The wind is strong this morning, and the chime outside my kitchen window that never sounds is making its presence known. Something inside is sounding, too, just a little … just enough. And this morning, at least, I am OK with that.
Yes, I saw that . . . It resonated for me . . . You have really been writing from a clarified space lately – more confident, more direct, more effortless . . . It is very provocative & comforting at the same time. . . Thank you . . .
The odd thing (for me) about this light simile is that it is not literally light (or dark or dim but brightening or whatever) but rather understanding, where understanding isn’t really intellectual, nor even verbal . . . Kind of a strange place to find oneself, as a writer, beyond the bounds of language. Wittgenstein feels helpful with respect to this though as I said, it’s slow going. This issue – the tension between language and use – reminds me of the Jack Gilbert poem, “Orpheus in Greenwich Village.”
What if Orpheus,
confident in the hard-
should go down into Hell?
Out of the clean light down?
And then, surrounded
by the closing beasts
and readying his lyre,
should notice, suddenly,
they had no ears?
Like that, but not exactly of course . . .
I am only nominally familiar with Merrell-Wolff – but if you are moved by his work, then I will add it to my list . . . I am reading Wittgenstein lately, who keeps me to a crawl, albeit an ecstatic one . . . slow going which somehow befits winter, at least such a cold and snowy one . . .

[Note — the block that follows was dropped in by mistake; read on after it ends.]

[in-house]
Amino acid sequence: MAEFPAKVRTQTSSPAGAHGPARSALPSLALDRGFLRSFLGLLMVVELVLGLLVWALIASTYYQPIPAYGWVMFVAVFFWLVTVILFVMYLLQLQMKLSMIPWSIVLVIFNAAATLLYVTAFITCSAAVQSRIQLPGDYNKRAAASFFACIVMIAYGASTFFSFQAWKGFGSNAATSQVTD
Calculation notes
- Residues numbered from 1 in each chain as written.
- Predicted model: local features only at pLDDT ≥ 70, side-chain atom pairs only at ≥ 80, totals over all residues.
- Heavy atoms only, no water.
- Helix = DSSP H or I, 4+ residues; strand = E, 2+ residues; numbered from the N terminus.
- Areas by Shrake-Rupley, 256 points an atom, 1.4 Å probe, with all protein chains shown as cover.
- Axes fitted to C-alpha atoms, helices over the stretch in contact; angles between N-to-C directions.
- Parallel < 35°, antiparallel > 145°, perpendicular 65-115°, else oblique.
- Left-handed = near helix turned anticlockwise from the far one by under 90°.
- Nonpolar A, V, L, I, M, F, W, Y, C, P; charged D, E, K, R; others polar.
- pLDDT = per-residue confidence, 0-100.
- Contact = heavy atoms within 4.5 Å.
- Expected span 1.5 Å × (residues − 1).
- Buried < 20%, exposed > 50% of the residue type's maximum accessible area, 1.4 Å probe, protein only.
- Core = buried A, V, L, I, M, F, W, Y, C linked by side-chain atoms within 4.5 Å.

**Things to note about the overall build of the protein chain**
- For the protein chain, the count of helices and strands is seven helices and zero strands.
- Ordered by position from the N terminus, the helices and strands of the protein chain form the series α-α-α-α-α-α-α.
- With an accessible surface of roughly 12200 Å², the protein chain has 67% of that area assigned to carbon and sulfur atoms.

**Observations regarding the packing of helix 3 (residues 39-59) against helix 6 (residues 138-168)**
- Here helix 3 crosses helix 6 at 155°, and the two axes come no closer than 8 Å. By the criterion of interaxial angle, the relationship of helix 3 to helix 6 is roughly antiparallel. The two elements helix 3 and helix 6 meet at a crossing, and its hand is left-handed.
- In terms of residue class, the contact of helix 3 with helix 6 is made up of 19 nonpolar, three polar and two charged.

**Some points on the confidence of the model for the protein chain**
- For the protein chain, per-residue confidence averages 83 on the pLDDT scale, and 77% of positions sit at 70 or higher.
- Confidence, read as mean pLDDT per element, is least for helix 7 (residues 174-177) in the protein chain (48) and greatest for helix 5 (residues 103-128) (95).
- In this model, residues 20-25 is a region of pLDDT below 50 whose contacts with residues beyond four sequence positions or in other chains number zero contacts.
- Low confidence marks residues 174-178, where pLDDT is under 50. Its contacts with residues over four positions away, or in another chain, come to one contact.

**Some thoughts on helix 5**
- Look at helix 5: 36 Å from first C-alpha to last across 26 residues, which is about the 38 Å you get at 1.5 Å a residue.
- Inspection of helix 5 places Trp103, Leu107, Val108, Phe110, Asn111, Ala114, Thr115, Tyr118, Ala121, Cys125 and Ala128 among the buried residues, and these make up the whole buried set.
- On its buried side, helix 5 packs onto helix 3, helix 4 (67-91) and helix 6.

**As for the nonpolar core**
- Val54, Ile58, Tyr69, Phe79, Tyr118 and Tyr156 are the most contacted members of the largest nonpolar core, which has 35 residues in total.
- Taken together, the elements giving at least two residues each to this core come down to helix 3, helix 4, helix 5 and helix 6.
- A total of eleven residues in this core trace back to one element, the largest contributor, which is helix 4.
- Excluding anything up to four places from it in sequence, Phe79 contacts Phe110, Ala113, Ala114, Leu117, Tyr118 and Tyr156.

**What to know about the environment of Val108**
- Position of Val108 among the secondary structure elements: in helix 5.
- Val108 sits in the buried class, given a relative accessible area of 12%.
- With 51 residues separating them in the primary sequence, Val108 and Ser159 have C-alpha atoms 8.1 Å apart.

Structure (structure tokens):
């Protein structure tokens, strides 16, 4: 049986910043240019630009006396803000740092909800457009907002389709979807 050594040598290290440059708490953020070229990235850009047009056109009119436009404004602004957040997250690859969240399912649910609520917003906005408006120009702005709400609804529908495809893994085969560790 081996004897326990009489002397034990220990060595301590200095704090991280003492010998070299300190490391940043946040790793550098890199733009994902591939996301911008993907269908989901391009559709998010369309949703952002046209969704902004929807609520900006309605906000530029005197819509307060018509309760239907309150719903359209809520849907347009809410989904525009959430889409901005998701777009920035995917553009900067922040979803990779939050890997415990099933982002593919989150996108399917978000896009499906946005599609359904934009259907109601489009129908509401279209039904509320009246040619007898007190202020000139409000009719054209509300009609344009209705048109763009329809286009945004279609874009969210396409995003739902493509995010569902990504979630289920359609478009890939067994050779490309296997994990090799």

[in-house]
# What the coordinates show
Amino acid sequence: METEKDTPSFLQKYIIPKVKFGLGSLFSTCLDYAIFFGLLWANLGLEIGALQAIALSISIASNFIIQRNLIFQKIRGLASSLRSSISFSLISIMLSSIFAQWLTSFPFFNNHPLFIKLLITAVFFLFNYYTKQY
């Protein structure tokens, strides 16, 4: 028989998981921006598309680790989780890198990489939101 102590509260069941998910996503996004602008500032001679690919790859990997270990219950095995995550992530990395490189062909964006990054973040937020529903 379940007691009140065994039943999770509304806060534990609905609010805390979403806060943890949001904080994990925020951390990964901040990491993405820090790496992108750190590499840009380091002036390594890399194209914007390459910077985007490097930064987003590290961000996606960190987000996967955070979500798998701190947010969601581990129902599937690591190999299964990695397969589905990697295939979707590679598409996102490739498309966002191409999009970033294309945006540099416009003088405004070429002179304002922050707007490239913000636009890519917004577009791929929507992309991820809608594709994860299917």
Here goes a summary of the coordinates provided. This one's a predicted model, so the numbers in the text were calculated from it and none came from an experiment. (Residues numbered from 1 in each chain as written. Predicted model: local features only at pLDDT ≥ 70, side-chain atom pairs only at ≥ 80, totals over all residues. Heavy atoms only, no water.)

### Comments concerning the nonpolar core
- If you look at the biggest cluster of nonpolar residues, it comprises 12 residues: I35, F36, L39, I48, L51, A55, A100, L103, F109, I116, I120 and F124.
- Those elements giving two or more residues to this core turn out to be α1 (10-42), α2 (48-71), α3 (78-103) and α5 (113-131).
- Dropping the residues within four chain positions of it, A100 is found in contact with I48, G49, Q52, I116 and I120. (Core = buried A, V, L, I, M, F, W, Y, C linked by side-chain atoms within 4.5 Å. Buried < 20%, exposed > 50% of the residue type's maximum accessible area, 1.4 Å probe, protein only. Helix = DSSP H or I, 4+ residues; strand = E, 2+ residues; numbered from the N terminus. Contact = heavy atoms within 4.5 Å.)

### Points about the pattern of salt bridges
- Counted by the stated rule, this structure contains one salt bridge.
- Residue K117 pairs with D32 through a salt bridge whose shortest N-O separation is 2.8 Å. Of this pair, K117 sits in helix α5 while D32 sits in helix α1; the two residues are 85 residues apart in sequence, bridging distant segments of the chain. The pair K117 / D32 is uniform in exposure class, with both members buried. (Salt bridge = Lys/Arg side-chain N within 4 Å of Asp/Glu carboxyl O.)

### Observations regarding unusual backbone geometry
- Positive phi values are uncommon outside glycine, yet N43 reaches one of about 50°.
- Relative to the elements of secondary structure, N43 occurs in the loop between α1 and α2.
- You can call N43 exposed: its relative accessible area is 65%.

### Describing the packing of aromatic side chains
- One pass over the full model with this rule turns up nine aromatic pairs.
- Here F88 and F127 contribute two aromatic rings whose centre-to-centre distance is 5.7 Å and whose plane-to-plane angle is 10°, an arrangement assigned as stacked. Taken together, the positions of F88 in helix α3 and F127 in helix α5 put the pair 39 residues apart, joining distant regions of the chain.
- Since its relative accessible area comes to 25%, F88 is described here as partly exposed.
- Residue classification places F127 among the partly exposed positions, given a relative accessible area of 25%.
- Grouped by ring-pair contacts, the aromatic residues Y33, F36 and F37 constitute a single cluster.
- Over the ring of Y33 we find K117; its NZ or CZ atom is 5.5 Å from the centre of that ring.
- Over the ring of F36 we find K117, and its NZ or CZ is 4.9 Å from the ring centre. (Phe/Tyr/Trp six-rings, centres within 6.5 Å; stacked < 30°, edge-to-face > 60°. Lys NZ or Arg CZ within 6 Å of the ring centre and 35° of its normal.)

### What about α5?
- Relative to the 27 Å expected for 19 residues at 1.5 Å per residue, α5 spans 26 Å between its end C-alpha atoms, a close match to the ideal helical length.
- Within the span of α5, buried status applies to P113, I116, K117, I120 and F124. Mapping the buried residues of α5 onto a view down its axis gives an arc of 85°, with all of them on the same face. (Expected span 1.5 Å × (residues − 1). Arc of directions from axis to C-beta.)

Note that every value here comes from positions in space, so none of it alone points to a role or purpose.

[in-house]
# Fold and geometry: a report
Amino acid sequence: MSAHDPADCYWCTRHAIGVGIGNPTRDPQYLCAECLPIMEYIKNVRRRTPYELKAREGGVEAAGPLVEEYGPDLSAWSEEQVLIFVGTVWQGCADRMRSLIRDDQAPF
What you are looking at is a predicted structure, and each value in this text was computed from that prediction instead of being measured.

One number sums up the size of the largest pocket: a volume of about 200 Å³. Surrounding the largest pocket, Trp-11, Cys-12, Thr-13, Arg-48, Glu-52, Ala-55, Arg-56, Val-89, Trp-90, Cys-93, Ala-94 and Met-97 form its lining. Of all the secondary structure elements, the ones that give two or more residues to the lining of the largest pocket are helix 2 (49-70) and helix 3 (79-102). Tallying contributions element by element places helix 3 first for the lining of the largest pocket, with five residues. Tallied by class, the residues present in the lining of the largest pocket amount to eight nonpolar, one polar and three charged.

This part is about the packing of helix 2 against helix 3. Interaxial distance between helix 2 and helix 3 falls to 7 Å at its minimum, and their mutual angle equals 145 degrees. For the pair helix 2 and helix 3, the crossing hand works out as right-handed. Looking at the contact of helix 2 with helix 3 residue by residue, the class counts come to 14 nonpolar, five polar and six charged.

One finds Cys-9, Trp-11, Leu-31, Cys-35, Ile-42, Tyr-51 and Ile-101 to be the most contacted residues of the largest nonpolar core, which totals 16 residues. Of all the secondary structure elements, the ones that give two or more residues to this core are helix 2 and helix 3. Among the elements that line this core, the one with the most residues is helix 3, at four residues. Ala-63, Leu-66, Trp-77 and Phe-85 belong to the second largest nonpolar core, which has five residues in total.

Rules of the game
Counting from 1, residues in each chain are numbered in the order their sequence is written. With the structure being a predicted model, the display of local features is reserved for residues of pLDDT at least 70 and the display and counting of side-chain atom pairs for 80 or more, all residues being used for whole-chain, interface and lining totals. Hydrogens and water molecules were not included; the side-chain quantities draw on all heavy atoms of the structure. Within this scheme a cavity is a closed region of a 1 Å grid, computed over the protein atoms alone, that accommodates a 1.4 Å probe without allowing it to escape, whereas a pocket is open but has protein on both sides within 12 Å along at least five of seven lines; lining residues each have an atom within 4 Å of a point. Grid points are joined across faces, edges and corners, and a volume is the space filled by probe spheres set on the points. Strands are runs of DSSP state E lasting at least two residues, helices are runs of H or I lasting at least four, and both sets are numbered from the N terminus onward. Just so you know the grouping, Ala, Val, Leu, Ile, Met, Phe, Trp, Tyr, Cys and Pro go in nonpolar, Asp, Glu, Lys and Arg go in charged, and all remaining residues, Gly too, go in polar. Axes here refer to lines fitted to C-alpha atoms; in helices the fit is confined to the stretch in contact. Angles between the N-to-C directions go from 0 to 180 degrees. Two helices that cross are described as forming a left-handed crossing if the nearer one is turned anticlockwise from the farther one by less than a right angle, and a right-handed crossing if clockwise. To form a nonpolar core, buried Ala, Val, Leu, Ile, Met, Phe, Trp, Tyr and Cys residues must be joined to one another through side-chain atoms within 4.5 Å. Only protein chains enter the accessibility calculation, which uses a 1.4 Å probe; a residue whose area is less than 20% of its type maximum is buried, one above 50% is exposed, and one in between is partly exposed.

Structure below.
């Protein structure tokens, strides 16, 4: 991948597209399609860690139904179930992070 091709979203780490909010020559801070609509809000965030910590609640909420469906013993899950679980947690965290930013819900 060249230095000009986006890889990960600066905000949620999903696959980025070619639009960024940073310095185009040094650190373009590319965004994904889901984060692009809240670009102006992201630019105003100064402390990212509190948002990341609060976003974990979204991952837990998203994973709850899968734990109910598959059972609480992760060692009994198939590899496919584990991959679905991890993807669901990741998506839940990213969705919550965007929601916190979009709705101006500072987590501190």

Okay . . . time to sit down for dinner . . . talk to you soon . . .
Something has to take us to the edge, Sean, why not language if that’s the way we lean.
I liked Gilbert’s poem… very much. Just another well-timed reminder that I don’t know what I don’t know and that my interpretations are just, what, a little frosting on the cake I baked with whatever ingredients came my way.
Thanks for the comments on my little poems. I find today that a take-no-prisoners voice has found me … as though it’s over all my whining and saying, come on, you know this …. get on with it.
Anyway, as for Wittgenstein…if your intellect stumbles there, mine would just lie down and take a nap. 🙂 Merrell-Wolff is tough enough. Took a detour this a.m. (after a visit to the Edgar Cayce library) and am reading a translation of Shankara’s “Crest-Jewel of Discrimination.”
It opens, ACIM-style, with “Brahman — the absolute existence, knowledge and bliss — is real. The universe is not real. Brahman and Atman (man’s inner self) are one.”
Enjoy your weekend,
Thanks, Cheryl. A good nap is never out of place!
Giving attention to the Vedantic tradition – both its iconic texts and its contemporary practitioners – has been very helpful to me in reading A Course in Miracles. In essence, ACIM becomes a particular sparkle in a broad tapestry, one that is helpful to me, without shifting my focus away from the whole. I feel very grateful in that sense to have been directed to Tara Singh so early in my study, as he continues to be – for me – the best reader and teacher of ACIM.
But as you say, we don’t know what we don’t know, and so a sense of humility and even adventurousness is never not called for . . .
You have a good weekend, too.
Wittgenstein, the only analytic philosopher to even approach enlightenment
yes . . . he is actually a joy to read, notwithstanding the fierce logic and intelligence . . . there is a luminosity in the writing owing to more than mere reason . . .